COVID-19: pandemic or syndemic, and what about territory?
01 June 2020
COVID-19 has resulted in lockdowns across the globe, hindering face-to-face communication and in-person engagement. In response, the Colombia collaboratory are designing a series of interactive webinars to share information and experiences of COVID-19 in relation to water security, and to test virtual conferencing technology as an adaptive strategy to maintain stakeholder communications throughout quarantine.
Here, Rachael Maysels, Project Manager at Universidad del Cauca, reflects on the first of these webinars, attended by 196 participants across 21 organisations.
COVID-19 and the climate crisis
Our first speaker, Prof Maristella Svampa (CONICET, Argentina) emphasised that the climate crisis and the pandemic are inextricably linked and that as long as climate change continues, we will likely see new pandemics in the future. Maristella considered two main responses to this pandemic:
- The demand for the world’s systems to go back to “business as usual;
- The demand for solidarity and transformations of inequalities among the world’s systems.
Instead of returning to the norms that contributed to climate change, aggravated economic crises (such as extractivism), and exacerbated inequalities, what if society were to focus on social, environmental, and racial justice in order to better prepare for future pandemics and disasters?
COVID-19 and social-ecological injustice
Prof Fabián Méndez (Universidad del Valle, Colombia) connected the impact of the pandemic to social and environmental injustices at a community level. Fabián emphasized that the pandemic is not nature’s revenge but a result of social-ecological factors (access to healthcare and health services, socioeconomic status, gender, race) and the interaction between them. The economic downturn is not unique to Covid-19: rather it is a cyclical process of neoliberal capitalism, e.g. the tension between privatized hospitals and healthcare. Moreover, there is a syndemic between social conditions and disease: Covid-19 is more severe for someone who also faces domestic violence and food insecurity. Not only is this virus more dangerous for those who have fewer resources, but they face graver consequences socially and economically during the pandemic and subsequent financial crisis.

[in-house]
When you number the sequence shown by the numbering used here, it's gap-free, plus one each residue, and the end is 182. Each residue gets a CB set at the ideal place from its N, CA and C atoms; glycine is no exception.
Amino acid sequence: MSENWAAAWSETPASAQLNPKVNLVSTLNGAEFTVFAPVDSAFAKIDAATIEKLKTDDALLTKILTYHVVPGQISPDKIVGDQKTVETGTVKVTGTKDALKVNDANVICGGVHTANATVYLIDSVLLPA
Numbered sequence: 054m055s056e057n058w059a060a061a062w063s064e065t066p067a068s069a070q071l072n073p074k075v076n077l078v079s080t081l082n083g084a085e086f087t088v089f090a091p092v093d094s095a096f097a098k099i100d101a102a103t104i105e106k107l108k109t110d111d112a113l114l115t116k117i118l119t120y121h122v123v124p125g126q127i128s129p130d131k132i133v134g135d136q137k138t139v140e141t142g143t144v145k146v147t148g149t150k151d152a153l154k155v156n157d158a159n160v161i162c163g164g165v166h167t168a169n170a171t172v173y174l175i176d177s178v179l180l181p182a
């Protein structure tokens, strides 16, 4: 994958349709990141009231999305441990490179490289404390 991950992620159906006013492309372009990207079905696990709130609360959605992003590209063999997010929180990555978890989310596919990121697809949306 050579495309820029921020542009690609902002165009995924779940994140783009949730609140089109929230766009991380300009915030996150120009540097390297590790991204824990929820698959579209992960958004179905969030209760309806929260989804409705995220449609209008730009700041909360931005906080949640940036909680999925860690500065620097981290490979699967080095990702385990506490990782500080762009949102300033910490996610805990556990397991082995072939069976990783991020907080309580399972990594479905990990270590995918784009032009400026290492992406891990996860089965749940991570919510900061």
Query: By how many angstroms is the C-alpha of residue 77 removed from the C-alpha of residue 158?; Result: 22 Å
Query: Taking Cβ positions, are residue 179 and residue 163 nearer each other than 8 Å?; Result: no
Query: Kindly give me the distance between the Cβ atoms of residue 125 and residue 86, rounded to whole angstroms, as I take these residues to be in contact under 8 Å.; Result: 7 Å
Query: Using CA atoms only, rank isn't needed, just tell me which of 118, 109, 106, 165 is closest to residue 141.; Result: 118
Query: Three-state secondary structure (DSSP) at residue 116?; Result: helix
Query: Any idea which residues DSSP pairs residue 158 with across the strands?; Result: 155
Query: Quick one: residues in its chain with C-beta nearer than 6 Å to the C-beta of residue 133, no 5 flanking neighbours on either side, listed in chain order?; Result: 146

COVID-19 and water vulnerability
Sigifredo Toro (FECOSER, Valle del Cauca, Colombia) highlighted how community aqueducts – already under strain due to environmental degradation caused by deforestation, pollution, and extractivism – face increased vulnerability because of the pandemic. Community aqueducts receive less attention, resources, and technology than city aqueducts, yet they incur more danger and pollution, which impacts negatively on water quality. For this reason, FECOSER are working with local organisations to aggregate community aqueducts and mitigate these negative impacts. AQUACOL, which focuses on water and sanitation services among rural communities, is one such orgnaisation. AQUACOL’s Jorge Amaya spoke about the difficulties the rural communities in El Valle (department) have been facing since the pandemic. Water security and food security are their main concerns.
Yulli Padilla and other members of ASOCAMPO recorded a video that we then edited and presented during the webinar due to lack of internet connection in the Las Piedras basin in Cauca. She spoke of the difficulty the communities in Las Piedras are facing from COVID-19 due to the lack of support from the government or NGOs. Members of the community have been voluntarily controlling those who enter the basin including full desanitizations, checking id’s, and handing out protective gear to those that need it. Aside from health and protection, their priority is strengthening their food sovereignty and conservation, since their basin is responsible for 70% of the city of Popayán’s water.